“The league of nations – what did France think of it? Ah, monsieur, we of France hold with ‘Le Tigre.’ Clemenceau, who said three weeks ago in the chamber of deputies, ‘Fear not if America should not sign.  With or without a signature or treaty, America will never stand aside when justice calls.’

America With Just. 

“We feel that way about America.  I left Paris just three weeks ago, and we all know whatever may arise, America will always be found with the cause of the just, signature or no signature, agreement or no agreement.

“Clemenceau will be the next president of France.  If not he in person, then someone named by him.  You understand? 

“Did France want America to sign the agreement that your country would come to our aid in the event that Germany should again attack?  Ah, oui.  The feeble, are they not always ready to accept aid from the strong? 

“To live in France – is it high?  Certainment, monsieur, mais attendez vous!  The wife of the minister of finance thinks it well enough to be economical.  She is satisfied with the skirt of cotton.  Not silk.  The wives of the deputies, they with an income of 15,000 francs, find that this has lost much in purchasing power. 

“We must build again in France.  Wanton destruction was the rule of the retreating German army.  Devastated areas in France have a problem for your generous Americans to solve with us. 

Forget to Smile. 

“We want Iowa to help aid and protect the homeless, fatherless, sick children of the devastated sections of France.  They are underfed, scantily clad, hungry, and ave forgotten how to smile.  Non, mon ami, they cannot laugh.

“Our organization has as its honorary president, the wife of the president of France, Mme. Raymond Poincare.  In the United States, Mrs. T. Parkin Scott of Baltimore is national president.  Associated membership in the league costs $1.  Sustaining membership, $5, and foundation membership, which I seek in Iowa most of all, costs $10; life membership, $100.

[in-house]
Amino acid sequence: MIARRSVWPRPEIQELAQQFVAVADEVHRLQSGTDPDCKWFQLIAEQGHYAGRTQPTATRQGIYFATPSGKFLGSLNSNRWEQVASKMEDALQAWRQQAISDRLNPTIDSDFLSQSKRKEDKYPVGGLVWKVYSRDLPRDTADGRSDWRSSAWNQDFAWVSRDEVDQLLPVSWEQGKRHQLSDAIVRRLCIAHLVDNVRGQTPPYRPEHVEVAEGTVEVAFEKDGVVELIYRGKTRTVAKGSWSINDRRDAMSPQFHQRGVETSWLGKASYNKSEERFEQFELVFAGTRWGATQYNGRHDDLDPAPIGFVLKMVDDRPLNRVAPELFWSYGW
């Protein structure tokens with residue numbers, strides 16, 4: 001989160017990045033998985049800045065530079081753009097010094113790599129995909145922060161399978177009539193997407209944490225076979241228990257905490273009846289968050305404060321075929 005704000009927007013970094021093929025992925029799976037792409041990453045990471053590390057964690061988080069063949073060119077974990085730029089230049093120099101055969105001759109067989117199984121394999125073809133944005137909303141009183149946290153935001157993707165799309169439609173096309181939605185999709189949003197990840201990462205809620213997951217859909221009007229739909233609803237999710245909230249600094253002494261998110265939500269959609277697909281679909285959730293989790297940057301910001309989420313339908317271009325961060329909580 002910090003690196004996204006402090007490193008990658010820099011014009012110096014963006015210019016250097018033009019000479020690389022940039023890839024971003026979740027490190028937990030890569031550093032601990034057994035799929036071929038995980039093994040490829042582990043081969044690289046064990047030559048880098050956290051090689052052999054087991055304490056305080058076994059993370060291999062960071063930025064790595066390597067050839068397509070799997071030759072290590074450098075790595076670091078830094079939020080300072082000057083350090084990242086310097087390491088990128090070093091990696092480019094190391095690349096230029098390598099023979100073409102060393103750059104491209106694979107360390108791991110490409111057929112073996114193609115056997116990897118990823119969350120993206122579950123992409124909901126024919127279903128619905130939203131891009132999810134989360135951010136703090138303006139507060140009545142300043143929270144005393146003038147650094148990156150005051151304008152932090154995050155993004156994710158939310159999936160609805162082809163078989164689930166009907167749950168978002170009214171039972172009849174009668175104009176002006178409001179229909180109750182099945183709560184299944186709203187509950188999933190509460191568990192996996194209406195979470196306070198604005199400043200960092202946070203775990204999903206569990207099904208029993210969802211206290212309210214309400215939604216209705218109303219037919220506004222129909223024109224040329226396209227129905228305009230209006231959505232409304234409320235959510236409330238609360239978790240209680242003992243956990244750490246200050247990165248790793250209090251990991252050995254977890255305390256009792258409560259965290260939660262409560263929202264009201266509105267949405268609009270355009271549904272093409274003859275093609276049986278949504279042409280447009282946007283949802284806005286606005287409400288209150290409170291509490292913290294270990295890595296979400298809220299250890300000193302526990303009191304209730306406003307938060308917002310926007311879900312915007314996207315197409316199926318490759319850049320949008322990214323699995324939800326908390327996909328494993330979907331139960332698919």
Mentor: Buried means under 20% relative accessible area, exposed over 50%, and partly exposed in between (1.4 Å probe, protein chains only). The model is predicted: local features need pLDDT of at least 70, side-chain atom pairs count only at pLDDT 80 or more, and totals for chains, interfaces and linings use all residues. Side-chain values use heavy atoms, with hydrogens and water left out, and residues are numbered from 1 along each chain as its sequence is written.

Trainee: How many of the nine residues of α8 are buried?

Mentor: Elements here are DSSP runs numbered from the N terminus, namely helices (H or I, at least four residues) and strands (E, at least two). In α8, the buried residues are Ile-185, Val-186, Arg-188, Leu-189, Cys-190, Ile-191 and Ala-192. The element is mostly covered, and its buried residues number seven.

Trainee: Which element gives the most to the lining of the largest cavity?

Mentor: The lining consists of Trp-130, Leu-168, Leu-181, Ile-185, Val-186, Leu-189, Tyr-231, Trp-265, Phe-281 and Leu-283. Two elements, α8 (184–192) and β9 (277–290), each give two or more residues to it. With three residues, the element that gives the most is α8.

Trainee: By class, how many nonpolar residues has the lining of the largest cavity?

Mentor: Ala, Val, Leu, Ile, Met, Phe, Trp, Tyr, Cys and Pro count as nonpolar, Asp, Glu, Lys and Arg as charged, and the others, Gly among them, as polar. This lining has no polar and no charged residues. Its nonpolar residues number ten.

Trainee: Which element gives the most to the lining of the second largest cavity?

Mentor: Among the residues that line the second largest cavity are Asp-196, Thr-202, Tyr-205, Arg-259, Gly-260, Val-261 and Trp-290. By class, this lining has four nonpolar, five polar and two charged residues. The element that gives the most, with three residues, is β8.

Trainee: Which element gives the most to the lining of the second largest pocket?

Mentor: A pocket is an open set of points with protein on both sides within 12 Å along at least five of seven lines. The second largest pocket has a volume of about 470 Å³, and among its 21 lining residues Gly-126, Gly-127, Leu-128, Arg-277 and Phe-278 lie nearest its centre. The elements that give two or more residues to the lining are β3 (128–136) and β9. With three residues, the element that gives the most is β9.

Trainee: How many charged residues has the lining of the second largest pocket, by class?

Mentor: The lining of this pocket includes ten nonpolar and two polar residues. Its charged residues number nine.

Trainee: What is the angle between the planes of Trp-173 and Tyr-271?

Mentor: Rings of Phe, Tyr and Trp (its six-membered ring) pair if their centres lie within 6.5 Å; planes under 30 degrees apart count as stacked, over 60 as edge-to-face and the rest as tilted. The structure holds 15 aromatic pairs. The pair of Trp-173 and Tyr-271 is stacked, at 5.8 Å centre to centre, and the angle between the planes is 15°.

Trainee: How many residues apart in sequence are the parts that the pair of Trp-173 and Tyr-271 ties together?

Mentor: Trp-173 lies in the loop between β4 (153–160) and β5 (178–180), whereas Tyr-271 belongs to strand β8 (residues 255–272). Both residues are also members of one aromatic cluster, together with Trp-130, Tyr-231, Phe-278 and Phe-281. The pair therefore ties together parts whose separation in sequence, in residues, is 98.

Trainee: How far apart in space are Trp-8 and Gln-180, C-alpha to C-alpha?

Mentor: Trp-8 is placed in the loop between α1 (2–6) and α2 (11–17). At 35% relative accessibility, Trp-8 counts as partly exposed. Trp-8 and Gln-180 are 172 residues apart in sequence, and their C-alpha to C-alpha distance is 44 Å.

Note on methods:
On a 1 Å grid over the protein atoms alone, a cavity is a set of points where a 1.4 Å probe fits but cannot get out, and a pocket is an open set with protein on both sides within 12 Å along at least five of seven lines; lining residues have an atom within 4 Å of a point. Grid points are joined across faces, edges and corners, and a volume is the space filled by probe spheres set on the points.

“All money received is expended through the aid and help of the French government.  All is expended to relieve the suffering of the little children.  We must save them this winter, next winter will be too late.  For that I come to Iowa.  Voila!  Will you help?” 

Beautiful Daughter. 

Mme. Guerin has been assured of the co-operation of the state public schools.  P. E. McClenahan, state superintendent of public instruction, gave Mme. Guerin this assurance when she visited him yesterday. 

Mme. Guerin is proud of the war work decorations which her government bestowed upon her.  She is prouder, however, of the pictures of her two daughters.  One, a girl of 18, and another of 17 years, are in England attending school.

“They resemble you, madame,” she was told.  “Non, non!”  Mme. Guerin retorted.  “They, why – t-h-e-y, my daughters, are bee-aut-i-ful!”

On 8 December 1919, Madame Guérin’s Delaware State Chairman (‘American and French Children’s League’), Mrs. Speakman, asked for help for the French orphans. The Evening Journal (Wilmington, Delaware) [sic]:

ASKS HELP FOR FRENCH ORPHANS.  Mrs. W. C. Speakman Presents Cause to Students of High School.  CHILDREN WITHOUT CHRISTMAS PROSPECTS.

Help for the thousands of French children orphaned by the world war was asked today by Mrs. William G. Speakman, State chairman of the American and French Children’s League, and head of the Wilmington Alliance Francaise, in an address at the Wilmington High School assembly exercises.  The school showed their sympathy and interest by hearty applause, and will give material assistance to the French orphans, as it has done in the past.

Mrs. Speakman told of her sympathy and qualifications for helping the French by appeals to Americans, because of her birth in the French speaking part of Switzerland, her Paris education and her adoption, heart and soul, of America as her country.  She said Switzerland, without a national language and literature, had taught liberty to the world through the stuggle of its cantons for freedom from Hapsburg rule.

The speaker recalled, in her childhood, seeing many cripples and maimed people from the Franco-Prussian war.  She said that now in France there are hundreds of thousands of children left emaciated and underfed as a result of the war.  They have no prospect of any Christmas.  There are 20,000 orphans, she said, who do not know their own names in France.  During the four and a half years, while the northern part of France was under German rule, said Mrs. Speakman, these children, while babies, lost their mothers, and now know nothing except that their name is “Marie” or “Jean.”